This Is Why Your Windows 8 Computer Will Be Unlike Anything You’ve Ever Used Before
by Steve Kovach
We’re less than two months away from Microsoft’s Windows 8 launch.
Love it or hate it, it’s going to be huge, likely the biggest operating system launch since XP.
So as the clock ticks down, Microsoft’s hardware partners like Toshiba, Lenovo, HP, Samsung, Dell, and pretty much everyone else are announcing their Windows 8 hardware this week. (That’s because there’s a big conference called IFA going on in Berlin.)
In fact, there are so many product announcements this week, that I don’t even have time to write about them all individually.
But they are important! Seriously. Windows is still the most popular PC operating system on the planet. Chances are you’ll be using it at work or at home within the next year or so.
I’ve been checking out a bunch of Windows 8 devices from various manufacturers in press briefings over the last few weeks. Because of the nature of Windows 8 – its default user interface is designed for touchscreen tablets instead of traditional laptops and desktops – you’re going to see a lot of funky hybrid devices hit the market this fall.
Based on what I’ve seen so far, it’s pretty clear PC manufacturers are still trying to figure out what to do with Windows 8.
There are a lot of cool ideas. But it does seem like most companies are sticking to a handful of common themes. Here’s what you can expect:
Samsung, HP, and a few others will release Windows 8 tablets that come with a keyboard dock. They’re similar in form and function to the Asus Transformer Prime Android tablet. These devices act as a “normal” laptop when you dock the tablet to the keyboard, meaning you can easily get around Windows 8’s classic “Desktop” mode.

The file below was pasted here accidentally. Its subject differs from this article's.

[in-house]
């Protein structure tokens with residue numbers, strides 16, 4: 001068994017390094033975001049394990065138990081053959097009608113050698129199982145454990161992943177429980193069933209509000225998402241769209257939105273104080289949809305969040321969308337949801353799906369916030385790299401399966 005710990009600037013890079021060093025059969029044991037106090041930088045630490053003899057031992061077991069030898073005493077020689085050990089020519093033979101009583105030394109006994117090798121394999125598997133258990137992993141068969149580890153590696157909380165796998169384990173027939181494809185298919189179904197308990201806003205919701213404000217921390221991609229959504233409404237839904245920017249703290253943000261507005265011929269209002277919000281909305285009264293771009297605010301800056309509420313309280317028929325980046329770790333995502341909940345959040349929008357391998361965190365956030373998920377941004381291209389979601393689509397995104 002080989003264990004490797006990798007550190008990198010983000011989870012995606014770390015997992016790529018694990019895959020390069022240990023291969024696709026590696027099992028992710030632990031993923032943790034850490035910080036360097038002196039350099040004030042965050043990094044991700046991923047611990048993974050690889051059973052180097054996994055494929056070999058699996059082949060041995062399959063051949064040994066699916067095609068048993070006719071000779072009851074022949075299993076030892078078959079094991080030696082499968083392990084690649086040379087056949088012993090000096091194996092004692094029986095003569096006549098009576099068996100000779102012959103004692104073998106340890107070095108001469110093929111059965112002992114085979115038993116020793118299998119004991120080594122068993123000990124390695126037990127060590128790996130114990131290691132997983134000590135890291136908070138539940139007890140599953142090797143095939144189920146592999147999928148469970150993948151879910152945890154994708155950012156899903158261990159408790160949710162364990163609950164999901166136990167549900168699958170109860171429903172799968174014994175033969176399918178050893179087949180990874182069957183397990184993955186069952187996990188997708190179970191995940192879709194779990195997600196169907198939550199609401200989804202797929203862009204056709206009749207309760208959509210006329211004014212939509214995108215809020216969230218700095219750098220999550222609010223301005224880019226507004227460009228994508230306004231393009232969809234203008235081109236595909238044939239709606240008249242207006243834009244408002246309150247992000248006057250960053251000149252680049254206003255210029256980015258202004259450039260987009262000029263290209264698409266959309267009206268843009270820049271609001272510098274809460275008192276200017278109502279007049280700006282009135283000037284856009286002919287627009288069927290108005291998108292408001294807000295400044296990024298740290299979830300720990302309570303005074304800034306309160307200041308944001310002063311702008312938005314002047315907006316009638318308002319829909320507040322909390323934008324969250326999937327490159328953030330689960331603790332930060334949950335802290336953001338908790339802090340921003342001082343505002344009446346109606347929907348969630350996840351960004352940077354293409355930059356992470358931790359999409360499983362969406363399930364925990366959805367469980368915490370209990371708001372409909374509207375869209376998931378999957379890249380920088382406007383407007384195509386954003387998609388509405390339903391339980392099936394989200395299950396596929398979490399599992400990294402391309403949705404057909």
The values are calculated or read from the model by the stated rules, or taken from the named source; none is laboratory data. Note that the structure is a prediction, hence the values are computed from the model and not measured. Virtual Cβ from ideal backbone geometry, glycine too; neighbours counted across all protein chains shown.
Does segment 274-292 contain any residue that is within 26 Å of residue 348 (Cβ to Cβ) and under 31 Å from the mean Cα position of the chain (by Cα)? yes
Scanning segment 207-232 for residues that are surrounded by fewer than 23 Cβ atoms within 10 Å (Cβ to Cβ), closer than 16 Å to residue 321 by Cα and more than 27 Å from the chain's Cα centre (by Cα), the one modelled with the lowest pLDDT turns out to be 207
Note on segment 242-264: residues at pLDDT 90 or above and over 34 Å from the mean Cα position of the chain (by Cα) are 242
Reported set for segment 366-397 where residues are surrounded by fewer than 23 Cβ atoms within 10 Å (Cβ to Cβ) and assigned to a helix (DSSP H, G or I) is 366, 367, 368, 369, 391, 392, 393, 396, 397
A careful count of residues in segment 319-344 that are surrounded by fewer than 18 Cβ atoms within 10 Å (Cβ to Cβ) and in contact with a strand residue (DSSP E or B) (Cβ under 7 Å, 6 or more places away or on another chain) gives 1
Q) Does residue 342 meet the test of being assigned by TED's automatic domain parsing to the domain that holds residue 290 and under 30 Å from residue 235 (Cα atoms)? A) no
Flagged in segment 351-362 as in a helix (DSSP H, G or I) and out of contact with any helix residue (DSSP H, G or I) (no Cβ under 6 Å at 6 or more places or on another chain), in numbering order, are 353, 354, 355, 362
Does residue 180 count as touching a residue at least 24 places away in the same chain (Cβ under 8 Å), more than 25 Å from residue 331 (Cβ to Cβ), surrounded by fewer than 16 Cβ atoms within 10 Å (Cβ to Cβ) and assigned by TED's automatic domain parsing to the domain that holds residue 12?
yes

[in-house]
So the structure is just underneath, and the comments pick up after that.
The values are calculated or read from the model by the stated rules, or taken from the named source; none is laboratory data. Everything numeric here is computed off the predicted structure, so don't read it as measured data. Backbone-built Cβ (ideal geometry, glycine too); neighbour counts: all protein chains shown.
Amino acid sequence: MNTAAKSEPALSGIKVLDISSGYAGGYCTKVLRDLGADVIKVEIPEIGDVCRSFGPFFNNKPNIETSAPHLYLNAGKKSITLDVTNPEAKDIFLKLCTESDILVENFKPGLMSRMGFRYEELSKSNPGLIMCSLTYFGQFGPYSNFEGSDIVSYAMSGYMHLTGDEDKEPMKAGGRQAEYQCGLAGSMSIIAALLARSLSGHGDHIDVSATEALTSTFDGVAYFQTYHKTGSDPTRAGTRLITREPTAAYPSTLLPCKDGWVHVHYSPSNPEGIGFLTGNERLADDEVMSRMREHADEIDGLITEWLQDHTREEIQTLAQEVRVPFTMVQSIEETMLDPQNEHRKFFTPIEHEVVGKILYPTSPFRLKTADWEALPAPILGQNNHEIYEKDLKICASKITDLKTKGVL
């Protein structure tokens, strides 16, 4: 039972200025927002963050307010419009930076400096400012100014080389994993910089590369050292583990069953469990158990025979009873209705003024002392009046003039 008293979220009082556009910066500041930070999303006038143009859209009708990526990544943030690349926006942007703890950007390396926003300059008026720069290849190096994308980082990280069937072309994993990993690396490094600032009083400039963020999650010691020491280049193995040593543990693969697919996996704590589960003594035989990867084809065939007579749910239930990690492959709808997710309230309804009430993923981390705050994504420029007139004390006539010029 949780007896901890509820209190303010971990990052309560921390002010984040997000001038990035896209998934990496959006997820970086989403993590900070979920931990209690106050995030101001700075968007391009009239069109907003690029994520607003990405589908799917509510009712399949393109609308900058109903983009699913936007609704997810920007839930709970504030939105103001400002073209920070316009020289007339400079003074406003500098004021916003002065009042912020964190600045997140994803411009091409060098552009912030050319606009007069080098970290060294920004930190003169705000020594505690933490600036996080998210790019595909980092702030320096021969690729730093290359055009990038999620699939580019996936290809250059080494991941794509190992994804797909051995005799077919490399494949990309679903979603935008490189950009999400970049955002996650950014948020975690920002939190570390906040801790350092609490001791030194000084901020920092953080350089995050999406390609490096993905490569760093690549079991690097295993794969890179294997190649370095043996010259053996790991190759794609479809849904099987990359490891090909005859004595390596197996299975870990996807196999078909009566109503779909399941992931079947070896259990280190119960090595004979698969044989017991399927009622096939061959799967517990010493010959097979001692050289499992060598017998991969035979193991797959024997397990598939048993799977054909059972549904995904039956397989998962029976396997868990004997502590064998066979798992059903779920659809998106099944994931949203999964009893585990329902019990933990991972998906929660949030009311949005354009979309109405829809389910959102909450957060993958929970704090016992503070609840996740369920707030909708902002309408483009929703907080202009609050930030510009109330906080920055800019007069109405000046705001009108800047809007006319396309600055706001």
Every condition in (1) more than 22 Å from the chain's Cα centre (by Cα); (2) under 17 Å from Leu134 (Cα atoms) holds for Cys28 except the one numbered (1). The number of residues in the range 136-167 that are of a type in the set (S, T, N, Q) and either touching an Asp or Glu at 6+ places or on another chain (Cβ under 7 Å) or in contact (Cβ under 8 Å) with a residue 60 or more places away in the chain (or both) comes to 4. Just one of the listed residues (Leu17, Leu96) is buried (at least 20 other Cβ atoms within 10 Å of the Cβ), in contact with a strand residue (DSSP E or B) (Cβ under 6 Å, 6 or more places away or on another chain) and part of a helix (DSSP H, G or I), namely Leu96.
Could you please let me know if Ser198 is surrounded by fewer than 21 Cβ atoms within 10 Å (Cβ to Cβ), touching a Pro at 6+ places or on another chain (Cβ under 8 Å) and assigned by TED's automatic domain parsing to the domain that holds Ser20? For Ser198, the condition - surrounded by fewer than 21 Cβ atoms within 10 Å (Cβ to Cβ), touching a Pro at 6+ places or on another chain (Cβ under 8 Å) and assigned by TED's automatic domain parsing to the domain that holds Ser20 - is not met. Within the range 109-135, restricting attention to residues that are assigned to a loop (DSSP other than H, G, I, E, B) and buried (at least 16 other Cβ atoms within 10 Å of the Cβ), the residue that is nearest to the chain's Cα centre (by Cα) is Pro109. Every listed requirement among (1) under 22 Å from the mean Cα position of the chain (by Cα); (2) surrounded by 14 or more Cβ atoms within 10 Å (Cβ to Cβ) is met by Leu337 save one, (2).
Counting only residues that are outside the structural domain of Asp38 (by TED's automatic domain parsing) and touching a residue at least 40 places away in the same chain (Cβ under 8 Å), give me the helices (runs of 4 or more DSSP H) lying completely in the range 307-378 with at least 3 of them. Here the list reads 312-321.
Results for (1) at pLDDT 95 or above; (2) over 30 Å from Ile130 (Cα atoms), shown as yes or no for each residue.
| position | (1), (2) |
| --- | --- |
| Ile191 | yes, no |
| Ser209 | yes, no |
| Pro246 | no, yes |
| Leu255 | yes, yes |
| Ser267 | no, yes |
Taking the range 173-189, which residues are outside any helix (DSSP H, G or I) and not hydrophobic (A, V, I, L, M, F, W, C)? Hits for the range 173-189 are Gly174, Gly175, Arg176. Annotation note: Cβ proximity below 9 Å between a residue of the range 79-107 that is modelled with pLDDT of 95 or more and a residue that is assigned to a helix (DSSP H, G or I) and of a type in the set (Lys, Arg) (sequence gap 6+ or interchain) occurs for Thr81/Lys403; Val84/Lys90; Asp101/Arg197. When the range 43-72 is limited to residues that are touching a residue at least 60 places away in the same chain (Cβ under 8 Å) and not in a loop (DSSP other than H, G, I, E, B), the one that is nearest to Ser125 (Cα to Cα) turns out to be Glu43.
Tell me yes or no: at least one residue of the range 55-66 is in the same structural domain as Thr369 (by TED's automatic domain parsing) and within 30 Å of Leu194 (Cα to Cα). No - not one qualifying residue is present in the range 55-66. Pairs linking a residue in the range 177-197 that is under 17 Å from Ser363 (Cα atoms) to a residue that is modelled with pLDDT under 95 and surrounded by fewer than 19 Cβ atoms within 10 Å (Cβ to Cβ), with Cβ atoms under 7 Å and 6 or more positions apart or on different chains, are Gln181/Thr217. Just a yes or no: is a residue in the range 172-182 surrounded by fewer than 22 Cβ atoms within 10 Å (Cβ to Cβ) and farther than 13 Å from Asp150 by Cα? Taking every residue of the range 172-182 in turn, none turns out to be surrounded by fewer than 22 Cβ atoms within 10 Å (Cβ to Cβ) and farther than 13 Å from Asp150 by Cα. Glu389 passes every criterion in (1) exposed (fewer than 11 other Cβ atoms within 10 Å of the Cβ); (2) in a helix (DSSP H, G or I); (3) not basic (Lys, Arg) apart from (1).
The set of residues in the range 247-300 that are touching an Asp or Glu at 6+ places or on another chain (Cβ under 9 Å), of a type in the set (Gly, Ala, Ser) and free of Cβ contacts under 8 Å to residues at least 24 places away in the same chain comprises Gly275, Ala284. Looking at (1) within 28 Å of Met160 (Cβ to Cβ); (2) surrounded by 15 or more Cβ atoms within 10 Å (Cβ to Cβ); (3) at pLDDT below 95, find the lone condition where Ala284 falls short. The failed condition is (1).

I’ve also see a bunch of Ultrabooks that have touchscreens instead of normal displays. At first glance, these Ultrabooks look nearly identical to the Windows 7 machines that have launched throughout the last year or so. But the touchscreens make it easier to get around Windows 8’s new tile-based Start menu. The downside: I find it a bit awkward to reach out and touch a screen that’s sitting at a ~90 degree angle from my desk. However, it’s still a lot better than using your keyboard and mouse to navigate around.
All-In-One PCs With Touchscreens
All-in-one (AIO) PCs are nothing new. The concept was popularized by the Apple’s iMac, but now most PCs are available in that form. This year you’ll see more of the same, but with the added benefit of touchscreens for navigating the Windows 8 Start menu.
Regular Laptops And Ultrabooks
For the budget-conscious, most PC manufacturers will still continue to offer traditional laptops and Ultrabooks running Windows 8. That means no touchscreens. Of course, that’s going to be a bummer for users since Windows 8 can be pretty frustrating to use without a touchscreen until you learn all of Microsoft’s keyboard shortcuts.
Then There Are Some Really Strange Devices
So above you have all the “normal” types of Windows 8 hardware coming this fall. But it doesn’t stop there. Some companies are getting creative – perhaps even a little too creative – with their designs.
Toshiba has a tablet that converts to an Ultrabook by sliding the screen up and over. Dell has this interesting Ultrabook/tablet combo where the screen flips over. Lenovo has a device that lets you fold the screen over backwards, but you still feel the keyboard on the back. (It’s awkward!)
The list goes on and on…
So What Does This All Mean?
It’s pretty clear PC makers haven’t quite figured out what to do with Windows 8 yet. It’ll take some time. Meanwhile, we’re going to see a lot of experimentation with hardware designs.
So far, I think the tablet/keyboard dock combination is the best solution. It gives you the best of both worlds: a thin, light tablet you can take on the go, and a full-fledged Ultrabook PC.
And yes, I’m excited.
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